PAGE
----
The United States’ democracy had a heart attack on Jan 6 that stunned the world.
Inside and outside the US Capitol, doors and windows were broken, tear gas flared, guns were waved and fired. Five people, including a police officer, died in the violence in the supposed hallowed halls, where Congress was disrupted in executing its supreme electoral power to confirm the next presidency after yearlong poll battles.
Almost eighteen months ago, a similar flurry of violence overwhelmed the Legislative Council building of China’s Hong Kong Special Administrative Region on July 1, 2019, though there were luckily no direct deaths thanks to gun control and police restraint.
But escalated violence in the following months saw a couple of deaths and numerous injuries of police officers and residents. Black-clad youths even poured oil on an elderly man and set him on fire in broad daylight, leaving him hospitalized and in permanent pain.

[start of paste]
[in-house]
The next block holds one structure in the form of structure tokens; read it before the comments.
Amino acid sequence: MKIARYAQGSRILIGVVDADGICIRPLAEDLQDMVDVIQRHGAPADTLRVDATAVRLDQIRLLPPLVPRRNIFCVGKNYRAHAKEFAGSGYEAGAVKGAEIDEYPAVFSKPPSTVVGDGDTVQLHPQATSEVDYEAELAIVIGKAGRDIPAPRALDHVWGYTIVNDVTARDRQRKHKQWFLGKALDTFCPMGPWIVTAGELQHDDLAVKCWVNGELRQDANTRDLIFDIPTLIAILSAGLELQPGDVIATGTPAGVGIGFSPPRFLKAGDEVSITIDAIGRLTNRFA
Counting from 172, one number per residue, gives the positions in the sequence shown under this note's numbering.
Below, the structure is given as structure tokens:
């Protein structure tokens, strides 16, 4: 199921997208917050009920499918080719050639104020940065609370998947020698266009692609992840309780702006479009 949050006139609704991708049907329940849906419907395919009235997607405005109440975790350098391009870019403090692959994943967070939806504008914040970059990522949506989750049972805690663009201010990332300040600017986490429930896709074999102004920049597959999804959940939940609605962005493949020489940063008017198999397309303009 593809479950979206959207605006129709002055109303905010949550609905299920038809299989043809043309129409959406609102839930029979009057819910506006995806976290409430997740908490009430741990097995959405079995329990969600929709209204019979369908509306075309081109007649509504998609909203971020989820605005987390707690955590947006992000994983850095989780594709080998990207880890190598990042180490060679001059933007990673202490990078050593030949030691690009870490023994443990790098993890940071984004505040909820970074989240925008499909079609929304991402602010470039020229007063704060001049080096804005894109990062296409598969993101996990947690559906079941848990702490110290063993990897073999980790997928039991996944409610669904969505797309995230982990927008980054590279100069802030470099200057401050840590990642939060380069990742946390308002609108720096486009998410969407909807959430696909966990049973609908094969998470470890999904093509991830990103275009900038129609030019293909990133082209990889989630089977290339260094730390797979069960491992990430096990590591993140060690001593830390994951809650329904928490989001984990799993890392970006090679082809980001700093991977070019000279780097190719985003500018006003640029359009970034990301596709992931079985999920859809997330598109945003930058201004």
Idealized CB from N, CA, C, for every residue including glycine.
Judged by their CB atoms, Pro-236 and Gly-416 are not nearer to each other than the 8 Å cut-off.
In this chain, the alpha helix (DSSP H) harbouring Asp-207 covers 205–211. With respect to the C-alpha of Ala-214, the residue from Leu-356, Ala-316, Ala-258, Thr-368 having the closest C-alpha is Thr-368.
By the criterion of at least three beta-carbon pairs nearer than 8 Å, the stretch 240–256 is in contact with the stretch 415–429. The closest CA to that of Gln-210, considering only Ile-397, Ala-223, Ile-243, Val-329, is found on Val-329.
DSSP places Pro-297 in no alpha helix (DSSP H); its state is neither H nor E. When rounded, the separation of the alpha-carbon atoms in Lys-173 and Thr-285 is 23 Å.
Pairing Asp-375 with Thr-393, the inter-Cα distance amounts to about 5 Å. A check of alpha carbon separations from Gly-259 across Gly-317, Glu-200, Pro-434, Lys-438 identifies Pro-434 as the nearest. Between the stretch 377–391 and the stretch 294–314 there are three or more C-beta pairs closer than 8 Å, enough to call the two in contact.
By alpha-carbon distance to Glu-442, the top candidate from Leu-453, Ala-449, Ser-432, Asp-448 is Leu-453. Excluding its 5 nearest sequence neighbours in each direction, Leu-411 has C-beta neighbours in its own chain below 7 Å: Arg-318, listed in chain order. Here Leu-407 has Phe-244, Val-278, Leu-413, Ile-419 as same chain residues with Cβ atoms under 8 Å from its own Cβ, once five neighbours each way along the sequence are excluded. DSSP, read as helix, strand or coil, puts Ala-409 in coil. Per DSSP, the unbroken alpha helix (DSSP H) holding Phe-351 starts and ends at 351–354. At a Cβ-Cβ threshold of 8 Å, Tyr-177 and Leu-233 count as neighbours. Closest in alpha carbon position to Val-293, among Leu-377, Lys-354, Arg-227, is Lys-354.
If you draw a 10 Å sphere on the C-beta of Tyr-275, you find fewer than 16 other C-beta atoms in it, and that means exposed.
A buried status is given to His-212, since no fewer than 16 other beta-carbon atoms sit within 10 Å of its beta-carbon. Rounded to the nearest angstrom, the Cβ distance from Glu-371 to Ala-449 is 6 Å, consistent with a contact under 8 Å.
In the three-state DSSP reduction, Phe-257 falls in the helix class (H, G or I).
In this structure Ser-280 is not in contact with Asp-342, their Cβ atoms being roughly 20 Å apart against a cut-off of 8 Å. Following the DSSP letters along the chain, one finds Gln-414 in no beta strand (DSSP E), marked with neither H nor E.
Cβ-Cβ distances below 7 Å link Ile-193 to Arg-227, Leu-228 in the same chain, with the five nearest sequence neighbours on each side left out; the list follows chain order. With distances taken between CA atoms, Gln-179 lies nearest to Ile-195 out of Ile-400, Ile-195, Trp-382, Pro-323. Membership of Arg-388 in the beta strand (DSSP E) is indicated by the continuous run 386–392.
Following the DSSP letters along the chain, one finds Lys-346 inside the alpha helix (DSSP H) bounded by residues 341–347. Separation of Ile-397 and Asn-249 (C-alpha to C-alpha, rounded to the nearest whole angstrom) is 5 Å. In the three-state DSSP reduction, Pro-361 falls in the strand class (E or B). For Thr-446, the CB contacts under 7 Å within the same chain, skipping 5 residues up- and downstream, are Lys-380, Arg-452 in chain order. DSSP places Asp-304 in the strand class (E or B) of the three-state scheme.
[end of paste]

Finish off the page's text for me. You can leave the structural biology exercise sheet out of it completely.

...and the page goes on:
Yet the responses of US politicians to the two incidents are striking. According to their definition, the people storming the Capitol were rioters and domestic terrorists, while those in Hong Kong were “freedom fighters” and “democracy saviors” repeatedly lauded by US Secretary of State Mike Pompeo.
Vice-President Mike Pence quickly cut himself away from supporters of himself and his election partner. But in 2019, he sent at least one message to Hong Kong protesters: “We stand with you. We are inspired by you.” House Speaker Nancy Pelosi condemned the violence and rampage at and around her office, but in 2019 simply described Hong Kong rioting as “a beautiful sight to behold”.